DSO Conversations: Cathy Applegate

 

 

For our fourth interview in our DSO Conversations series, we corresponded with General Practitioner, composer, published author, and DSO’s Principal Cellist, the multi-talented Cathy Applegate. Cathy’s musical compositions encompass a broad range of forms, including orchestral work, film music, a ballet, choral pieces and a piano concerto. Her latest work, Conversations about the Impossible will have its world premiere on Sunday 9 August as part of DSO’s ‘Metamorphosis II concert. Ahead of the premiere, we chatted to Cathy about her creative process, what inspired the new piece, and the impacts the pandemic has had on her life and musical practice.

 

 

Many of your compositions draw on Northern Territory environments for inspiration. For instance, The Wetlands Suite, which has eight movements, each depicting an animal found in wetlands in Australia’s Top End, or Arafura or Gecko’s Tale. What is it about Northern Territory environments that draws you to them and drives you to want to capture them in musical form?

Australia’s Top End is an incredibly exotic and beautiful place. I left suburban Melbourne and moved to Darwin in 1983 with really no idea of what to expect. I found this lush, green city with frangipani fragrance and a sparkling turquoise sea. I’d known the desert country around Alice Springs, but tropical Darwin was a new experience altogether. The landscapes and people were completely inspiring, and I revelled in exploring the city and the wilderness further afield.  It was natural for me to begin to express this through music and writing.

I also draw inspiration from the medical experiences I have had working in the NT. Doctors are invited into the most private aspects of people’s lives and I have learnt a lot about the human condition over the years. These learnings have been reflected in my creative work, especially in my writing, where I have explored many varied themes: the importance of the arts, reconciliation, asylum seekers, the environment and domestic violence to name a few.

Tell us a bit about your composition process. Do you start with an idea, a refrain, a melody? How does the music unfold for you?

The idea is the seed and the composition grows from there. At the outset I spend a lot of time thinking about what I am trying to achieve or convey through the music; I try to distil and clarify the ideas. Other forms of art such as poetry, visual art, or dance can be very helpful at this stage.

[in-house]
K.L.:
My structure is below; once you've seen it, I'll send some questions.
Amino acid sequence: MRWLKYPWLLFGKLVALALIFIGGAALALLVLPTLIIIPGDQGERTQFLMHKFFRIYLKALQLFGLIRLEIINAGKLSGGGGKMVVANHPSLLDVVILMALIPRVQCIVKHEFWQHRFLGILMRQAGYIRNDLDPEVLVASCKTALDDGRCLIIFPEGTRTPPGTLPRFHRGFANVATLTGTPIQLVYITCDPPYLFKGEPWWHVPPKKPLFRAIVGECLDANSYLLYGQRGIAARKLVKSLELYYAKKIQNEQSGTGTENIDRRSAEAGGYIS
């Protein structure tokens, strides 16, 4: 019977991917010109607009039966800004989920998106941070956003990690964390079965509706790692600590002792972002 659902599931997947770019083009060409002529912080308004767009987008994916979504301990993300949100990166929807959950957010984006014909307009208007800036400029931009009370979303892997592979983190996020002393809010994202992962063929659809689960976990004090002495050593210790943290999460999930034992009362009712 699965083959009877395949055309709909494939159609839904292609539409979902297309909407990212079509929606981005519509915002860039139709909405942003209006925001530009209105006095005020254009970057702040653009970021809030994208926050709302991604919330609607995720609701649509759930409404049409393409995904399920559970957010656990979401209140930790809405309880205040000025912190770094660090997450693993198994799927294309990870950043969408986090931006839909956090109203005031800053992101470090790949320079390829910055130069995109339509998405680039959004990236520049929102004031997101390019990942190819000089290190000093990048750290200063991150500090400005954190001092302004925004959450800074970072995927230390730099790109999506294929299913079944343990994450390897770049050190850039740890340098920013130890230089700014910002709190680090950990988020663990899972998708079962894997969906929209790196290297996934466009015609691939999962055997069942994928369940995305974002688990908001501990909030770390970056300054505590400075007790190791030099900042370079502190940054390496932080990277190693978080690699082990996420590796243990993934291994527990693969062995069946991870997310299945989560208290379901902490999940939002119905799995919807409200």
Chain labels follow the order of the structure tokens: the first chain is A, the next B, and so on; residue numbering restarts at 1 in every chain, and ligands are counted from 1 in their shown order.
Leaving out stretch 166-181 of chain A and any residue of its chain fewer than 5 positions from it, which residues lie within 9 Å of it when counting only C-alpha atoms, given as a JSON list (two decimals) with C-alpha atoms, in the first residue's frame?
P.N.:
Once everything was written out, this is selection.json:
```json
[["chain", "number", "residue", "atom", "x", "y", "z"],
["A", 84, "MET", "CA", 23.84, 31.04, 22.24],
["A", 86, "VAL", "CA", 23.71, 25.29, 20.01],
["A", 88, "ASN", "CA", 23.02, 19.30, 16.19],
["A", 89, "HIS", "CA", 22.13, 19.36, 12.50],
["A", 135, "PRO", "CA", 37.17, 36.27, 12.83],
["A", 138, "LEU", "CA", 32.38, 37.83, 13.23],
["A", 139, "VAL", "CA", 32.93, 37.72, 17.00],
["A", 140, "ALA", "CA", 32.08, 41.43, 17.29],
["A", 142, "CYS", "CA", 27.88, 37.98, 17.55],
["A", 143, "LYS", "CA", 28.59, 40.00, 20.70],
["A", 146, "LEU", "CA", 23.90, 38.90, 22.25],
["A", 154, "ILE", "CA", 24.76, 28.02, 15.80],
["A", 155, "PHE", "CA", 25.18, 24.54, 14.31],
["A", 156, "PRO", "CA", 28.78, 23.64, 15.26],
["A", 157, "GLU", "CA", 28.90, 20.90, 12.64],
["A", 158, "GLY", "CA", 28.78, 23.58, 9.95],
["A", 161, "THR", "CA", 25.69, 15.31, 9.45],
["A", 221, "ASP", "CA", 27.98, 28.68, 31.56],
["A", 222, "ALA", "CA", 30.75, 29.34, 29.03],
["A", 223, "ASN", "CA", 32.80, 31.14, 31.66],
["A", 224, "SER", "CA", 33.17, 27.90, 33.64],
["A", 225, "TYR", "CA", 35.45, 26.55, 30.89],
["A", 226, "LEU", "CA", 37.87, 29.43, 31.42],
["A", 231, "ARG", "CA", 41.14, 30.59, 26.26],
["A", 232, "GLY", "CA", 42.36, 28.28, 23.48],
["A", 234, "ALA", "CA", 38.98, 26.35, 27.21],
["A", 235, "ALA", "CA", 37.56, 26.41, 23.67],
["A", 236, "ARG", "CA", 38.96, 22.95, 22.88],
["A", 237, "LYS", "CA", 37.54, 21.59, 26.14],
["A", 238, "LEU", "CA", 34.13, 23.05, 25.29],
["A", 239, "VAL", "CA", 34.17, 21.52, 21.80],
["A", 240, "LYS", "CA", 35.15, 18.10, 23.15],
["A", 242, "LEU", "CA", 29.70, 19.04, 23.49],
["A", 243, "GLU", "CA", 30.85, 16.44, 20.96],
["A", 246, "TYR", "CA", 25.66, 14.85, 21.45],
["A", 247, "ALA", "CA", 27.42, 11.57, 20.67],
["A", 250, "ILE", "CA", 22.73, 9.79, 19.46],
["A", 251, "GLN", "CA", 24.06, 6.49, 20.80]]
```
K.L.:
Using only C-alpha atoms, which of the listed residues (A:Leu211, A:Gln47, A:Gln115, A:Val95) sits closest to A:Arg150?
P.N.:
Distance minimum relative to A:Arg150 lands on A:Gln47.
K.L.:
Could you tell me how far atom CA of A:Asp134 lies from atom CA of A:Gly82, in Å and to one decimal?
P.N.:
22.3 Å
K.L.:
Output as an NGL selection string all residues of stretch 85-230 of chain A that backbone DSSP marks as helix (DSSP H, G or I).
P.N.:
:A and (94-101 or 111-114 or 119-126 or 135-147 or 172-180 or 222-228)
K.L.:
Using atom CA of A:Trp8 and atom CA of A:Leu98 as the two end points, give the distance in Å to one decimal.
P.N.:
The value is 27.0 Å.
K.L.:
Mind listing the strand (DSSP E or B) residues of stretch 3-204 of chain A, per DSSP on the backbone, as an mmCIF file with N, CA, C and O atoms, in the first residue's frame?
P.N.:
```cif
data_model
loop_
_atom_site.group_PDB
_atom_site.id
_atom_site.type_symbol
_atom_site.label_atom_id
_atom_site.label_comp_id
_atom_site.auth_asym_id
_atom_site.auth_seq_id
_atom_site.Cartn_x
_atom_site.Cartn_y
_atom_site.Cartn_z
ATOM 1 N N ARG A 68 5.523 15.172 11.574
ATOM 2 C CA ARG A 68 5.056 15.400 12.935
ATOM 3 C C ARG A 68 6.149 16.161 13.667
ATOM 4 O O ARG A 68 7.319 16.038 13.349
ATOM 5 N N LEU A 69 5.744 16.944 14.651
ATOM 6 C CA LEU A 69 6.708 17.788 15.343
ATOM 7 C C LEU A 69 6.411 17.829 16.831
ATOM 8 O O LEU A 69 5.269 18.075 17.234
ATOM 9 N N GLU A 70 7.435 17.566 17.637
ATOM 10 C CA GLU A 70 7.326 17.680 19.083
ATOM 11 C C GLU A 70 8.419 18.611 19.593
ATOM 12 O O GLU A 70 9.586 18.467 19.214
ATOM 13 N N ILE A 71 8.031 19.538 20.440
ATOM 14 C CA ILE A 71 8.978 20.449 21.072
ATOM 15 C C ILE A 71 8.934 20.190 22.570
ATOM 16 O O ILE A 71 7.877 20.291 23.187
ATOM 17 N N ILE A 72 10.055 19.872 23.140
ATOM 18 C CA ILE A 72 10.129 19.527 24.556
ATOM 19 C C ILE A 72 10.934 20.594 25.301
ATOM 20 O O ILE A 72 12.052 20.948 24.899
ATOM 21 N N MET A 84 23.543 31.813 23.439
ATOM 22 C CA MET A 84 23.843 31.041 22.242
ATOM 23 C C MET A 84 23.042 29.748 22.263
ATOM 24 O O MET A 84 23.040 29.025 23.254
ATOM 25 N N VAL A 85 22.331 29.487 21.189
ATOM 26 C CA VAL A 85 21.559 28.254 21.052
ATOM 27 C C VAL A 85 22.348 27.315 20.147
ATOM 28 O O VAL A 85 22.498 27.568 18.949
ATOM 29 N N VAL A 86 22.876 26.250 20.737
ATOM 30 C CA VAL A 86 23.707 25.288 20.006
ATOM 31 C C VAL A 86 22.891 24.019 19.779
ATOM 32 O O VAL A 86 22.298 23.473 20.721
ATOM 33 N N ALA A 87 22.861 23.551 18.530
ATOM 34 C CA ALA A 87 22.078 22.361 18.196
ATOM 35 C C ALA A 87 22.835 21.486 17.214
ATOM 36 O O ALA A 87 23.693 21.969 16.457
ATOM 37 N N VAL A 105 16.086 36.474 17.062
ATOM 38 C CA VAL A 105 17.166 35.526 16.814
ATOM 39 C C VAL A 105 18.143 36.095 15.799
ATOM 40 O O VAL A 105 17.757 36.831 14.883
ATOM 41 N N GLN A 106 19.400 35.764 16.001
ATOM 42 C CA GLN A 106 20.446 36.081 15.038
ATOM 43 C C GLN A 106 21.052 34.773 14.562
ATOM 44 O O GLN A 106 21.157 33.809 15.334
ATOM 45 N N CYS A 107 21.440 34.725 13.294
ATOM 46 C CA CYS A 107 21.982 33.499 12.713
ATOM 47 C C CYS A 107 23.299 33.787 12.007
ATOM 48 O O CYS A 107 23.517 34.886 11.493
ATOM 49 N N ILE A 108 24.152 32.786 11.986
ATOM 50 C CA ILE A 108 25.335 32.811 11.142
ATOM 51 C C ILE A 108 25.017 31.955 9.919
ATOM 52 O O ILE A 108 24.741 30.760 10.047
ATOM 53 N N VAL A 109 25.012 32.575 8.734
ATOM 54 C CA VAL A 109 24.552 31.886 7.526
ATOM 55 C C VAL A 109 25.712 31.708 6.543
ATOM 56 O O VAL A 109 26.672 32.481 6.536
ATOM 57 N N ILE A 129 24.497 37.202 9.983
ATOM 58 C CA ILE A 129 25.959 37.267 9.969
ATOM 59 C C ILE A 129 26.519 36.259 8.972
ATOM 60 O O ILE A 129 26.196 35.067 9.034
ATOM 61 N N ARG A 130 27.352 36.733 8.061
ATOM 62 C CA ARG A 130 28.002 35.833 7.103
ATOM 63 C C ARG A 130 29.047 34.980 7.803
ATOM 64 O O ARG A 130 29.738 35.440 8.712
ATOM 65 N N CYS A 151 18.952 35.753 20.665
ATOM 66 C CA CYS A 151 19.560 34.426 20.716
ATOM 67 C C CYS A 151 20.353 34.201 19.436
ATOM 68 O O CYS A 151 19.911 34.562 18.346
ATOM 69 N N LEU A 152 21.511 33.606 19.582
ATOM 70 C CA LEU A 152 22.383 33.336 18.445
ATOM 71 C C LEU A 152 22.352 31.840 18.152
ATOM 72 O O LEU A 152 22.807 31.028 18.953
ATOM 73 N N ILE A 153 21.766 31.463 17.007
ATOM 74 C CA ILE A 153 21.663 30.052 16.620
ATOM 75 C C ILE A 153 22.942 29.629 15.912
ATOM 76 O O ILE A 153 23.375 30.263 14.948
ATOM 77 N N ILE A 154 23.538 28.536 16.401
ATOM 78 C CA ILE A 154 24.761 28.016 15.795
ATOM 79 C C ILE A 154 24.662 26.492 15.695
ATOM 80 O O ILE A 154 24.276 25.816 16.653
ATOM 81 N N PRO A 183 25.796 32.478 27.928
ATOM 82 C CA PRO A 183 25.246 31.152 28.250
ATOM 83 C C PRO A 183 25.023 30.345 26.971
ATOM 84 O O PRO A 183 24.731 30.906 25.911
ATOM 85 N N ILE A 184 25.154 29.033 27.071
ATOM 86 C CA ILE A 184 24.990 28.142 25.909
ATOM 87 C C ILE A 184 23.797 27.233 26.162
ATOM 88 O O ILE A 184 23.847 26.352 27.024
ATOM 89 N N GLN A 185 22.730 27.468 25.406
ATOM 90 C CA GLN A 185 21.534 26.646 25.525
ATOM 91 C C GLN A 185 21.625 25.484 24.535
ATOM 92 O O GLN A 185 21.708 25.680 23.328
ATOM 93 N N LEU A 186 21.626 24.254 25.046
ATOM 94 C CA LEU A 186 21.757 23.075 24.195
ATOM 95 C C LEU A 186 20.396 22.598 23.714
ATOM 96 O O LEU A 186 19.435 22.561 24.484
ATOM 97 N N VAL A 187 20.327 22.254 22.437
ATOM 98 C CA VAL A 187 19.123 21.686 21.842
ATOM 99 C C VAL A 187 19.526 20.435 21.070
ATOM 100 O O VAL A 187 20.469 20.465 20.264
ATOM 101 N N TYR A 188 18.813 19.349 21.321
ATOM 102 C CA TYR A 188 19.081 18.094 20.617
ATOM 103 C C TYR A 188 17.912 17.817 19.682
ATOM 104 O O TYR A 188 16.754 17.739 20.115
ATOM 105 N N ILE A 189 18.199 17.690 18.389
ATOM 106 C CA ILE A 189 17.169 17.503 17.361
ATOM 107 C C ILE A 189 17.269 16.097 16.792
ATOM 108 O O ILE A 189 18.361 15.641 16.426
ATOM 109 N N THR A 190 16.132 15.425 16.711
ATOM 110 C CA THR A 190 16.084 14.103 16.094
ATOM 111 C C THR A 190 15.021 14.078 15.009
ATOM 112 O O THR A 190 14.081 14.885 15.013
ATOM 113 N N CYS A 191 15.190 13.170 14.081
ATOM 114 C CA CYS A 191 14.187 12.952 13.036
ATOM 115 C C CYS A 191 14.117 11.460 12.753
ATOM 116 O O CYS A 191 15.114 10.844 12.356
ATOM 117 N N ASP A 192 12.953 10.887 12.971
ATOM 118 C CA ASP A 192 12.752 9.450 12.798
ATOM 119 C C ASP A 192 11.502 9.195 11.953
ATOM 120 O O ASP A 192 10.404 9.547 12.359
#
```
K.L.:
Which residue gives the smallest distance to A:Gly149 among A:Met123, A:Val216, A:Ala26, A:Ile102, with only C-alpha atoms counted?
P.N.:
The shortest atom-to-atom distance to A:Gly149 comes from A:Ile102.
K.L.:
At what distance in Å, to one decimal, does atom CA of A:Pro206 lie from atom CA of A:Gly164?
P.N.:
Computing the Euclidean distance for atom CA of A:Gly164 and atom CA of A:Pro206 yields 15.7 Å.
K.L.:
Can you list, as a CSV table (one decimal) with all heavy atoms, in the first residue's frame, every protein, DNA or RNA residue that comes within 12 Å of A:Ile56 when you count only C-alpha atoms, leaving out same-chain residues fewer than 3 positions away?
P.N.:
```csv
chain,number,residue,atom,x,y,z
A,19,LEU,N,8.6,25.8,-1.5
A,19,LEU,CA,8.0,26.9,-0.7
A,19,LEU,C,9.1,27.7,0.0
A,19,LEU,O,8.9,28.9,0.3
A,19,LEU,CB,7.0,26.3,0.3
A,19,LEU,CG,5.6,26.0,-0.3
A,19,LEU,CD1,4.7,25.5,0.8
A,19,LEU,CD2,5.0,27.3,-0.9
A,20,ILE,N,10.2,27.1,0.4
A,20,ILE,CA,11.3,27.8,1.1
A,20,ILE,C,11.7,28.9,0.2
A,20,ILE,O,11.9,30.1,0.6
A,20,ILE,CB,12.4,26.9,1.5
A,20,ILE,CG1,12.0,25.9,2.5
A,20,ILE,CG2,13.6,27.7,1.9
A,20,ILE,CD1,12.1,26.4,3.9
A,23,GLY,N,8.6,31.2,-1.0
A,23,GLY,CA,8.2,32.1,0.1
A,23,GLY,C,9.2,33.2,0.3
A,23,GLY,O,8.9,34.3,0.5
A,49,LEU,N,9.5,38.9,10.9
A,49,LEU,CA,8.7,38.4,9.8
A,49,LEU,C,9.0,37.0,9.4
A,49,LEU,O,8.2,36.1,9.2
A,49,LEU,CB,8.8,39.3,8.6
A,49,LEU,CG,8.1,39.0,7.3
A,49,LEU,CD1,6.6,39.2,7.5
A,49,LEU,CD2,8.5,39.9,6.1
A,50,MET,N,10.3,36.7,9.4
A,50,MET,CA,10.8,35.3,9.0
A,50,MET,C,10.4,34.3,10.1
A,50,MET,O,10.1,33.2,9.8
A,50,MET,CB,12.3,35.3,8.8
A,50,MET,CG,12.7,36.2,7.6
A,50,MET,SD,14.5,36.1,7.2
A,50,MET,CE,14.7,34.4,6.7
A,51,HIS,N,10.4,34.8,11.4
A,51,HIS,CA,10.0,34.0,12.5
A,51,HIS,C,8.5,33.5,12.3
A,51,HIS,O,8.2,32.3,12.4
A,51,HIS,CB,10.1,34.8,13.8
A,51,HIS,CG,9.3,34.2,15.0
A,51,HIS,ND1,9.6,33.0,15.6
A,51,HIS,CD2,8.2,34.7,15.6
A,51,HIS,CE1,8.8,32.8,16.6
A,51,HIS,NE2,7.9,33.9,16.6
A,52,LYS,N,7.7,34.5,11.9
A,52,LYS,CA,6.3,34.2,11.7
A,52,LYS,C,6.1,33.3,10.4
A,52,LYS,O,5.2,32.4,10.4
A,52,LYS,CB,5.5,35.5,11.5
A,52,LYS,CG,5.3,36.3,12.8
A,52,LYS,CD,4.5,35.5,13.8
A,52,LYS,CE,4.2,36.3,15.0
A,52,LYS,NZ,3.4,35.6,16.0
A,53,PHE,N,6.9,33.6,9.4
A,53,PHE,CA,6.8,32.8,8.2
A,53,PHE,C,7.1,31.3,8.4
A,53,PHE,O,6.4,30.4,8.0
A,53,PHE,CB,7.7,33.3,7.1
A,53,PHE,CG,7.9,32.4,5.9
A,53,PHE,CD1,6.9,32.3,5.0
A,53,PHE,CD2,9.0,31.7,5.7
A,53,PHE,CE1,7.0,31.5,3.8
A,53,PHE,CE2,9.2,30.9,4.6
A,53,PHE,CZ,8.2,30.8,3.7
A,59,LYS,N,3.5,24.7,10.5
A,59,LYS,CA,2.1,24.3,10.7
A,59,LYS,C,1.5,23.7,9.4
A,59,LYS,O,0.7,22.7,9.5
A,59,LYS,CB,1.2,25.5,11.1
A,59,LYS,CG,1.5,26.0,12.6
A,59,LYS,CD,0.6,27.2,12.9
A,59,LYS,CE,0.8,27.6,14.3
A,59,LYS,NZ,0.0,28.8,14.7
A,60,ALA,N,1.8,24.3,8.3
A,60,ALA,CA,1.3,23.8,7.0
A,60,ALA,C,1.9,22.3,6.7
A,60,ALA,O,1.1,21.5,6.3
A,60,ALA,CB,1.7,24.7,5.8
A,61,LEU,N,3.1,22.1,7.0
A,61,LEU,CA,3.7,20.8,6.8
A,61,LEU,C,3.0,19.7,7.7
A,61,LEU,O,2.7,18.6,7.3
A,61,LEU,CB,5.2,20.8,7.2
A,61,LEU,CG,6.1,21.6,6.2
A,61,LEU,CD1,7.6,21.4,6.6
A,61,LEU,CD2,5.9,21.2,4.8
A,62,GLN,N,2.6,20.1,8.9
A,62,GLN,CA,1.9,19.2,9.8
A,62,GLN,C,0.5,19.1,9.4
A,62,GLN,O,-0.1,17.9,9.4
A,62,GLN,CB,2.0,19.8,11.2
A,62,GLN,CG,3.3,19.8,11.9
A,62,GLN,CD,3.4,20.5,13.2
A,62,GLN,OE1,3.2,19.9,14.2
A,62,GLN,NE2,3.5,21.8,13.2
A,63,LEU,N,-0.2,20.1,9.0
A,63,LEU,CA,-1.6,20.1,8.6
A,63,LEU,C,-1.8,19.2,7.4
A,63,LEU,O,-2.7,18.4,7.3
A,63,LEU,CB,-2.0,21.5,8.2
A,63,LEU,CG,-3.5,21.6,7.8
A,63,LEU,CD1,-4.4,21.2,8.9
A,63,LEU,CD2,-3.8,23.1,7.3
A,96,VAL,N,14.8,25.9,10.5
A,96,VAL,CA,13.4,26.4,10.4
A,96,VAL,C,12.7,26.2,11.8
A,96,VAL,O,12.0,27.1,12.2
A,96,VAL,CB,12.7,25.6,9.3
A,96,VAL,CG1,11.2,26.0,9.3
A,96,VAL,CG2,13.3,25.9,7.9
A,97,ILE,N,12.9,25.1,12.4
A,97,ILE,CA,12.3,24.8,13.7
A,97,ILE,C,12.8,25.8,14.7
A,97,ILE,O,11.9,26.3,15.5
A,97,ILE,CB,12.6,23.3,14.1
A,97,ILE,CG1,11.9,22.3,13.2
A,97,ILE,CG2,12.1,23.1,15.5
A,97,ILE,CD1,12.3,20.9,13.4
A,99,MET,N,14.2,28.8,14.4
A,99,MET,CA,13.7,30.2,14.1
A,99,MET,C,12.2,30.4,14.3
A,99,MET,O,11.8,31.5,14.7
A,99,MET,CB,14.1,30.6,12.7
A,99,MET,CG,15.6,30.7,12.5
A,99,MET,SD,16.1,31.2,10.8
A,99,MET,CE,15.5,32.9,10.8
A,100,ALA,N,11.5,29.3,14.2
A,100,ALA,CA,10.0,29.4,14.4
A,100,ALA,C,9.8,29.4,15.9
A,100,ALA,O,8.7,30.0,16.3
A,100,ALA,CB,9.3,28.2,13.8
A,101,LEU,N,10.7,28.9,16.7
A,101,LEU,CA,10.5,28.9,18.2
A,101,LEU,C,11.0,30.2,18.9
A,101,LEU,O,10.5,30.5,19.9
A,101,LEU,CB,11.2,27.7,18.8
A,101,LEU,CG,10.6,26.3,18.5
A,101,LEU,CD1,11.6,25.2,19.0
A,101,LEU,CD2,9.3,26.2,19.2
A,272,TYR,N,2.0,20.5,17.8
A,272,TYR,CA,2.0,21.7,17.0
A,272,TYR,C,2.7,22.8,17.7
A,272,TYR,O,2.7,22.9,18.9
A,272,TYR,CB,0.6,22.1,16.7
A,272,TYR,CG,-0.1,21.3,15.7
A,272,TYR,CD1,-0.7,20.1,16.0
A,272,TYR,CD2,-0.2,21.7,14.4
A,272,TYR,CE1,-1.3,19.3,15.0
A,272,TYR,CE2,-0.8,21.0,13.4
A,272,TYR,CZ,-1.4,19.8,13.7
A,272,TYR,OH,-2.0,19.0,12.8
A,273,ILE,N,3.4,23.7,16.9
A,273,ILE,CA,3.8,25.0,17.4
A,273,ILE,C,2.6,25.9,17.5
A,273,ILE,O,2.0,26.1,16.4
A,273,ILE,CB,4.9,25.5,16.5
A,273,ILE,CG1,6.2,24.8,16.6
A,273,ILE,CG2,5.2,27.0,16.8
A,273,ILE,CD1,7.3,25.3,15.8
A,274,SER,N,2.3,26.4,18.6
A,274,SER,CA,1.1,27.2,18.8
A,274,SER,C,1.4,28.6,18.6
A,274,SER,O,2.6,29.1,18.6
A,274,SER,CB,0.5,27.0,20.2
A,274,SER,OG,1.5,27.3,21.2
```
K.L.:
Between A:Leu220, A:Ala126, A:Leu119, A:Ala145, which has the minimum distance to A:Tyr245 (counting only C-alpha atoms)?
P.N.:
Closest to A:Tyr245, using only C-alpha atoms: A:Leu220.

For me, there are two distinct parts to composition or writing – the first part, where I aim to get the ideas down, and the second part, which is the editing and revision stage. There are many practicalities to consider. I aim to write music that’s easily accessible and can engage the intended audience. The performers are also at the forefront of my mind; the music must be playable but challenging and interesting. Some commissioners have been very prescriptive – a dot-point list of what they want in the piece. Other times I have been very free to explore new territory. Usually there are some limits in terms of duration and instrumentation.

You’ve mentioned that the inspiration behind Conversations About the Impossible was a painting by Darwin artist Kate Eagle that features a fox in a suit and mermaid having a serious yarn on a veranda. What sort of things did you imagine they would talk about? How did you go about transforming this into music?

This piece of art is so interesting. I was drawn to it immediately when I saw it at the Nightcliff Markets some years ago. It reminded me of the many conversations I’ve had with other artists, conversations that weave around and have a life of their own. Dreams, ambitions, impossibilities. This was my starting point and I extended the idea to be more reflective of conversations in general. The parallels between human spoken and musical languages fascinate me: phrases and sentences; short statements; final summaries; consonance and dissonance. There are similarities more broadly too; form and structure within music draws from human life experiences.

Can you talk a little bit about the upcoming DSO concert ‘Metamorphosis II’, where Conversations about the Impossible will premiere? What is it like to hear your work performed by other musicians? 

I am incredibly honoured to have had Conversations About the Impossible included in this up-coming concert. For me, a work is not complete until it has been performed. We have such brilliant musicians here in Darwin and I feel so lucky to have them bringing this piece to life.